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William Rath.—Among the sterling citizens of Mason county who have contributed in generous degree to the industrial and civic progress and upbuilding of this favored section of the Wolverine commonwealth is William Rath, who is the present able and honored incumbent of the office of mayor of the city of Ludington, where he is also serving as deputy collector of customs for this important port on the Great Lakes system.

Mr. Rath is a scion of staunch German lineage and while he is essentially loyal to American institutions and an effective exponent of the American spirit, he finds a just measure of satisfaction in reverting to the great German empire as his fatherland. He was born in the city of Hamburg, one of the three celebrated "Hanse Towns" of Germany, on the 28th of January, 1849, and is a son of Hans and Mary Rath.

The father died in Germany and the mother died at the home of her son after spending twenty years in America. Mr. Rath is indebted to the excellent schools of his native city for his early educational training and there he was reared to maturity under beneficent environments. In 1870, soon after attaining to his legal majority, he severed the ties that bound him to home and fatherland and set forth to seek his fortunes in America, to whose complex social fabric the German empire has contributed a significantly large and valuable element. He landed in New York city and soon made his way westward to Michigan. He arrived in Ludington on the 21st of June, 1870, and during the long intervening years this place has represented his home, the while he has witnessed its development from a mere straggling hamlet in the lumber woods to a position of importance as a thriving little industrial city and summer resort, as well as a prominent entrepot on the Great Lakes.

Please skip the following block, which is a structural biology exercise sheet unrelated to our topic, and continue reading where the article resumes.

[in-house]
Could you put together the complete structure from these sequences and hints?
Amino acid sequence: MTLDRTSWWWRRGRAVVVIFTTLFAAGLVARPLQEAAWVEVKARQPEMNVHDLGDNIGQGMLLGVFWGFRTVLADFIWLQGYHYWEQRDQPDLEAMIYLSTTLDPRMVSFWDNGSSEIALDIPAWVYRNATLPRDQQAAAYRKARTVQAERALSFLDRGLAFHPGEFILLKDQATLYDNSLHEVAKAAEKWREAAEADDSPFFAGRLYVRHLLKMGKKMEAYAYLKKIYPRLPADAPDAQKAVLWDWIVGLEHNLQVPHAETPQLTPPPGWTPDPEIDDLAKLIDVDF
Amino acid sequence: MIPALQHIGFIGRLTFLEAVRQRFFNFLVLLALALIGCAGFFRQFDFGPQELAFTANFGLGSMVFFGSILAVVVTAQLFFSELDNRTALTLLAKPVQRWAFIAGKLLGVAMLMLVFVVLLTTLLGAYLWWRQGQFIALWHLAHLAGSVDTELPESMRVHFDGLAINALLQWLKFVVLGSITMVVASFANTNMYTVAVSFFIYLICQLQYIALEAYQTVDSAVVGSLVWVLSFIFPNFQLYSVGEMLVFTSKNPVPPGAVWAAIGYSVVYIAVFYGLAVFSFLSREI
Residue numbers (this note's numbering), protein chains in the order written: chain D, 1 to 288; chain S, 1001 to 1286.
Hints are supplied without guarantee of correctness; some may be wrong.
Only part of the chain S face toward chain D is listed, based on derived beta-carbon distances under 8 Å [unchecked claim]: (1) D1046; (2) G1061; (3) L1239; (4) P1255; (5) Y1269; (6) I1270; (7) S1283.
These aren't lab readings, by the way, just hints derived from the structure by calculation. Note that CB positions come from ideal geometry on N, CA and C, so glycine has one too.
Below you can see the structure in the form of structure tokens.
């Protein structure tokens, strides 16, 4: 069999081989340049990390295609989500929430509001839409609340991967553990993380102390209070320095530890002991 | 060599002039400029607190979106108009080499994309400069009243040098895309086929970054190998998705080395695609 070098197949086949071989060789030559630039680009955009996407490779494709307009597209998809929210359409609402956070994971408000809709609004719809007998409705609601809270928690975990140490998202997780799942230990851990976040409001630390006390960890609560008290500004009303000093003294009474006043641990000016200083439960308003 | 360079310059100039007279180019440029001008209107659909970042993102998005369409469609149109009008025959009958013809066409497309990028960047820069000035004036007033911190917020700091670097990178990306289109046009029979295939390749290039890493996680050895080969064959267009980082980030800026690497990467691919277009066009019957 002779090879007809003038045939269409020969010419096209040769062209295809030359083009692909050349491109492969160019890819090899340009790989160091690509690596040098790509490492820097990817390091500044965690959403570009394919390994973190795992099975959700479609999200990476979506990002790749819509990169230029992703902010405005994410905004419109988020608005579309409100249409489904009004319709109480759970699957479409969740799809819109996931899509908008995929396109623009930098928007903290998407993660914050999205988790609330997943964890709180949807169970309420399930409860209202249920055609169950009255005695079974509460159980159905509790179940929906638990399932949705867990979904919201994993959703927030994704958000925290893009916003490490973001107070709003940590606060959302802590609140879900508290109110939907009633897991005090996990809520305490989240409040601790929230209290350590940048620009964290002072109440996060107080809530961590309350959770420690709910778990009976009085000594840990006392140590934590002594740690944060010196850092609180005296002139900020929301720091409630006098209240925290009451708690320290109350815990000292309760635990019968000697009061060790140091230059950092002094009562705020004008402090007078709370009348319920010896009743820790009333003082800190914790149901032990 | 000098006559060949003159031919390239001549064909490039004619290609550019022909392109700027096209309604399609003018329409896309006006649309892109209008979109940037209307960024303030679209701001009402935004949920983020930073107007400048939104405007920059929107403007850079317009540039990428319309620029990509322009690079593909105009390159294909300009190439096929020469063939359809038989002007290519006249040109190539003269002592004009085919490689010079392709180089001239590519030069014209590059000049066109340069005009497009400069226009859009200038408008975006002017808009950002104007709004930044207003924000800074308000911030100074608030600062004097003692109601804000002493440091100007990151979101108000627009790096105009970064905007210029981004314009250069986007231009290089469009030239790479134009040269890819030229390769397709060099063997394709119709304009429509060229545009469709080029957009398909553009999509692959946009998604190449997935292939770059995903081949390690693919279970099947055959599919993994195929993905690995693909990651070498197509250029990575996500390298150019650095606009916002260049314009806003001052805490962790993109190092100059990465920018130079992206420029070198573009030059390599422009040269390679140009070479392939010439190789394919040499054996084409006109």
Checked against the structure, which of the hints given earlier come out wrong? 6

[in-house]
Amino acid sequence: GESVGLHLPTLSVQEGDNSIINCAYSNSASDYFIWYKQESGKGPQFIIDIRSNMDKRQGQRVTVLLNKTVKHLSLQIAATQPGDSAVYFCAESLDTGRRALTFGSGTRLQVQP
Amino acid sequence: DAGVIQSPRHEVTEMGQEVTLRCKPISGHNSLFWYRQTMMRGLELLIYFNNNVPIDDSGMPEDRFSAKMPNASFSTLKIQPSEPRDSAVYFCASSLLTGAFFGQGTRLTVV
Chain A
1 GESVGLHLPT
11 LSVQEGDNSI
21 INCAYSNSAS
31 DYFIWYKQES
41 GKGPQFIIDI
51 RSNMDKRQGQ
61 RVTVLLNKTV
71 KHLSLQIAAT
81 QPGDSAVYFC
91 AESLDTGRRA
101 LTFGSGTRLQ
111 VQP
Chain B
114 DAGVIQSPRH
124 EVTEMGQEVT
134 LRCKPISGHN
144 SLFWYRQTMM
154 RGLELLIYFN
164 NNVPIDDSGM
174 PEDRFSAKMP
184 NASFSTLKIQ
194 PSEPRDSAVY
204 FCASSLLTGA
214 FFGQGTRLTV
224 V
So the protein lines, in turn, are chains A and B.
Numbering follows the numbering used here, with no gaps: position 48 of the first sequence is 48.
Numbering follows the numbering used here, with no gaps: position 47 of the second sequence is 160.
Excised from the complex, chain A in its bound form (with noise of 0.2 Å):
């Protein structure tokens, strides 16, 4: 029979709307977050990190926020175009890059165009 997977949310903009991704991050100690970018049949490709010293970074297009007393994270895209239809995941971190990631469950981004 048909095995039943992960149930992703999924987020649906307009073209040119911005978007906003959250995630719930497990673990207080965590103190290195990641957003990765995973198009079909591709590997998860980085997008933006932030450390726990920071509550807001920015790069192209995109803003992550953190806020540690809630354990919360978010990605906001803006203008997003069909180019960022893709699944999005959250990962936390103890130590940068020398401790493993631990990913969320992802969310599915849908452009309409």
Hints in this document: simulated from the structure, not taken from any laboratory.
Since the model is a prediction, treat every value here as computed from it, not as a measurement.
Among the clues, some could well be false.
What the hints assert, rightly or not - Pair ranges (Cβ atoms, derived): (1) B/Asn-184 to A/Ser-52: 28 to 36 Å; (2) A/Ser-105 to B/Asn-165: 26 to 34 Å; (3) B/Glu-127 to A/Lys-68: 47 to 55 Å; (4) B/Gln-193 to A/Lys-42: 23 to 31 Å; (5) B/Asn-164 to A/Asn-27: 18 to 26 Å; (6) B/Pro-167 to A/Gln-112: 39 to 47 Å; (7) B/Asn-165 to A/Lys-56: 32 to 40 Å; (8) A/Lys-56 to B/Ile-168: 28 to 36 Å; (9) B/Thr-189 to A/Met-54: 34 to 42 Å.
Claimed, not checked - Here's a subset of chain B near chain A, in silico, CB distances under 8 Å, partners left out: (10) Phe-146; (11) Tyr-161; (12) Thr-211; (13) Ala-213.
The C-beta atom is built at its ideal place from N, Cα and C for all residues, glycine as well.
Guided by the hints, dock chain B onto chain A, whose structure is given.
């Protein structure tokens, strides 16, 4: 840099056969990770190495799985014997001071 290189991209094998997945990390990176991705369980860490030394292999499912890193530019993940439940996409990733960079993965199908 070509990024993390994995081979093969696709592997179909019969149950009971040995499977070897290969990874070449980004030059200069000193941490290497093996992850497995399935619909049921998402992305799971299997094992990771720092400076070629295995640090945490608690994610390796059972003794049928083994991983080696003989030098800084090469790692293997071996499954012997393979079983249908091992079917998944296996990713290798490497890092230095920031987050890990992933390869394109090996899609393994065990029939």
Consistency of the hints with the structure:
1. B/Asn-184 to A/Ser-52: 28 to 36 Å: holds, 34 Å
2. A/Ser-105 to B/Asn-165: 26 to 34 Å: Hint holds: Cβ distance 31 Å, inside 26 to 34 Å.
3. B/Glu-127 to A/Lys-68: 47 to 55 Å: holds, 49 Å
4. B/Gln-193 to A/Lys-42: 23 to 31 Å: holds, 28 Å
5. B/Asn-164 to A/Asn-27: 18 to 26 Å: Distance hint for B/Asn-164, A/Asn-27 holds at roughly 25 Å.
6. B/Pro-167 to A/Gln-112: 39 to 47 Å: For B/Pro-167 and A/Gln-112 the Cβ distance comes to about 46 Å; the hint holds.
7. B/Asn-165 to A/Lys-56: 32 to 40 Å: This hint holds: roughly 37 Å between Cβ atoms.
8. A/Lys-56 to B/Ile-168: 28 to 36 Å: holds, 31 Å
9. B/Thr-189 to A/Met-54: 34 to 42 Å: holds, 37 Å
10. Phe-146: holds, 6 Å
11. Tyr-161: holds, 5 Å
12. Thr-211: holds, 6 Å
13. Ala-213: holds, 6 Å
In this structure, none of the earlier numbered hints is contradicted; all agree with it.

The business career of Mr. Rath in Mason county began in a most modest way, as his first employment was as a workman in local saw mills. Through fidelity and effective service he won promotion to the position of log scaler and lumber inspector, and he familiarized himself with all details of the great lumber industry, which then represented the principal and by far the most important line of business enterprise in the entire northern part of the state. About the year 1880 Mr. Rath engaged in lumbering inspecting in an independent way as a member of the firm of Weimer & Rath. Eventually he became senior member of the firm of Rath & Cartier, and this alliance is still in existence. Operations in the manufacturing of lumber in Mason county were continued by the firm until 1907, and since that time its field of enterprise has been principally in the handling of southern timber lands.

Energy, industry and mature judgment have characterized the entire business career of the present mayor of Ludington, and his advancement to a position of independence and distinctive prosperity has been gained through his own well directed efforts, the while his integrity of purpose and devotion to principle have retained to him the unqualified confidence and esteem of those with whom he has come in contact in the various relations of life. In the year 1901 Mr. Rath became associated with Judge Charles G. Wing in organizing and establishing the Ludington State Bank, and he has since been one of its principal stockholders as well as a member of its directorate. Under the same auspices was founded the Fountain Bank, at Fountain, Mason county, and both of these are staunch and popular financial institutions of the northern part of Michigan.